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School Troubles in a Booming Metropolis: Part 4 – Changing Expectations

This is the final installment in a four-part series about the demographic, housing and land use contexts of troubled public schools. Here are links to parts one, two and three.

North Americans are culturally attached to the single-family house, especially for families with children. Thanks to Barrie Sutcliffe for this great photos of houses on the outskirts of Edmonton, Alberta.

In many core cities, insufficient affordable and suitable housing for families provides a push for young families to leave urban neighbourhoods for the suburbs.

The pull of suburban environments is the other side of the coin. 55% of Canadians live in a house, and many believe that young children have the best outcomes in a single-family house with a private yard. Cultural attachment to … Continue Reading

School Troubles in a Booming Metropolis: Part 3 of 4 – Intergenerational Neighbourhoods and Housing Diversity

105-year-old Sir William MacDonald Elementary School was one of 11 Vancouver schools threatened with closure in 2010. Thanks to Sqeaky Marmot on Flickr for this great Creative Commons photo.

Wrestling with the conundrum of why growing cities like Vancouver face declining public school enrolments, the first two posts in this series suggest links between municipal and regional populations of school-aged children and the affordability and suitability of family housing. Today’s post explores the value of intergenerational communities in both urban and suburban contexts, and considers how housing diversity may influence demographics at the neighbourhood scale.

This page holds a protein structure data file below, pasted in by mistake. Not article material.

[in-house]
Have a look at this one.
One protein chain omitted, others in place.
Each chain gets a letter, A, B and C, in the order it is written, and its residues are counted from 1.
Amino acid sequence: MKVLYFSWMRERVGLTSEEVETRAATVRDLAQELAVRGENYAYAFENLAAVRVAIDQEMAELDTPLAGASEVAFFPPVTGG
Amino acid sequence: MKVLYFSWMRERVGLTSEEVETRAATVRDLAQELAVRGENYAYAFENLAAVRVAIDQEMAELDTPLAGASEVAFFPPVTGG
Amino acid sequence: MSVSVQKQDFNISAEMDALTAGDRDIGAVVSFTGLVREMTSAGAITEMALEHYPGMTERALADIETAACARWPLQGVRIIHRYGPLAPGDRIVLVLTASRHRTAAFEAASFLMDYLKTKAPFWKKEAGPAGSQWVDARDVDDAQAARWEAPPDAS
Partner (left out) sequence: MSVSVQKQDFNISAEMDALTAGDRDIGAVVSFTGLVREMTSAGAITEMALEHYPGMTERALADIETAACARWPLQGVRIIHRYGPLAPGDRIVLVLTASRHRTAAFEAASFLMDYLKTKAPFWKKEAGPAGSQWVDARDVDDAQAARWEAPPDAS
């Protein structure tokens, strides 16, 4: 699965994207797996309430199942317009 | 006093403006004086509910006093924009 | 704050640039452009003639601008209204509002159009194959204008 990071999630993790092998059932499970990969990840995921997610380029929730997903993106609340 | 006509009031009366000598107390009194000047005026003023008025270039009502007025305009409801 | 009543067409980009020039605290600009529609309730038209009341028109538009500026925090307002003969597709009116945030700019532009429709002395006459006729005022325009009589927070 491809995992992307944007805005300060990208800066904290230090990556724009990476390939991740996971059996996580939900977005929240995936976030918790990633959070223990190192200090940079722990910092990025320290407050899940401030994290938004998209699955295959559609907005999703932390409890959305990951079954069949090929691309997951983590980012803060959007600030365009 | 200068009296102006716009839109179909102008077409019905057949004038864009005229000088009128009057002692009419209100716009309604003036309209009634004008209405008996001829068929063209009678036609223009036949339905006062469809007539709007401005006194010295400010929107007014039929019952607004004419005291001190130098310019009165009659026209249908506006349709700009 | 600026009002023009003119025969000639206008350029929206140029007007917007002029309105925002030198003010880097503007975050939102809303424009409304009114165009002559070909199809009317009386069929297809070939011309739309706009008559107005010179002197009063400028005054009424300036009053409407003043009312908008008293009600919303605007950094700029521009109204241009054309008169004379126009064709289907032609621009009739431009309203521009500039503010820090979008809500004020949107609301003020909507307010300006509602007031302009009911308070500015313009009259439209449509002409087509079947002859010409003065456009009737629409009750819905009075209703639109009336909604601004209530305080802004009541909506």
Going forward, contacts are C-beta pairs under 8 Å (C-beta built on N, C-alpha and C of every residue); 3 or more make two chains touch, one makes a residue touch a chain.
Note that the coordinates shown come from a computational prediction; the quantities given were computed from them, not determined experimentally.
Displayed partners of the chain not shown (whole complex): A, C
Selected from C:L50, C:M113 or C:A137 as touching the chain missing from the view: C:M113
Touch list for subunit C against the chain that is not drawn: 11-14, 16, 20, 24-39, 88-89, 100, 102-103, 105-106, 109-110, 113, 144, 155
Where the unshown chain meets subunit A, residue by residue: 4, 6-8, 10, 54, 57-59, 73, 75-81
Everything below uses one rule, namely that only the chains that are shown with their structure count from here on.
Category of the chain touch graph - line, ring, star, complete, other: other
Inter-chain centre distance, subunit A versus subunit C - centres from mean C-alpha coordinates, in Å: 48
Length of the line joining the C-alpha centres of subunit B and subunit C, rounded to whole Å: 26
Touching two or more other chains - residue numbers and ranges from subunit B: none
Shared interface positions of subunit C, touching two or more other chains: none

Urban Context
Researching the dispersal of children across local neighbourhoods, the Curious Dad newspaper column found that Vancouver’s east-side communities house the most young children, while … Continue Reading

School Troubles in a Booming Metropolis: Part 2 – Family Housing

This is the second post in a series exploring demographic, housing and land use contexts of troubled public schools in the City of Vancouver and its suburbs.

Last week’s post showed that, though the proportion of Metro Vancouver’s population made up of school-aged children is declining, that decline is occurring more rapidly in the central City of Vancouver. More suburban in character, the City of Surrey (pop 400,000)  is home to the only public school district in British Columbia where enrolment is actually increasing.

Canada-wide statistics show that these trends are not unique to Metro Vancouver. One analysis of 2006 Canadian census data showed that “27% of first-time parents made the move out the city and very few moved in.” A Statistics Canada report suggests that “one of the explanations for … Continue Reading

School Troubles in a Booming Metropolis – Part 1

This is the first post in a series exploring demographic, housing and land use contexts of troubled public schools in the City of Vancouver and its suburbs.

Kids attending public schools in Vancouver, Canada are back in class today after an extended two-week spring break. In previous years, spring break was just one week long, but school districts around BC are experimenting with their instructional calendars in desparate attempts to save money on heating, school buses and wages.

Edith Cavell Elementary School in Vancouver sat empty for two weeks this year during an extended spring break. Creative Commons photo by author.

Recent years have not been easy for public schools in Vancouver. A local newspaper identified threatened school closures as one of the top news stories … Continue Reading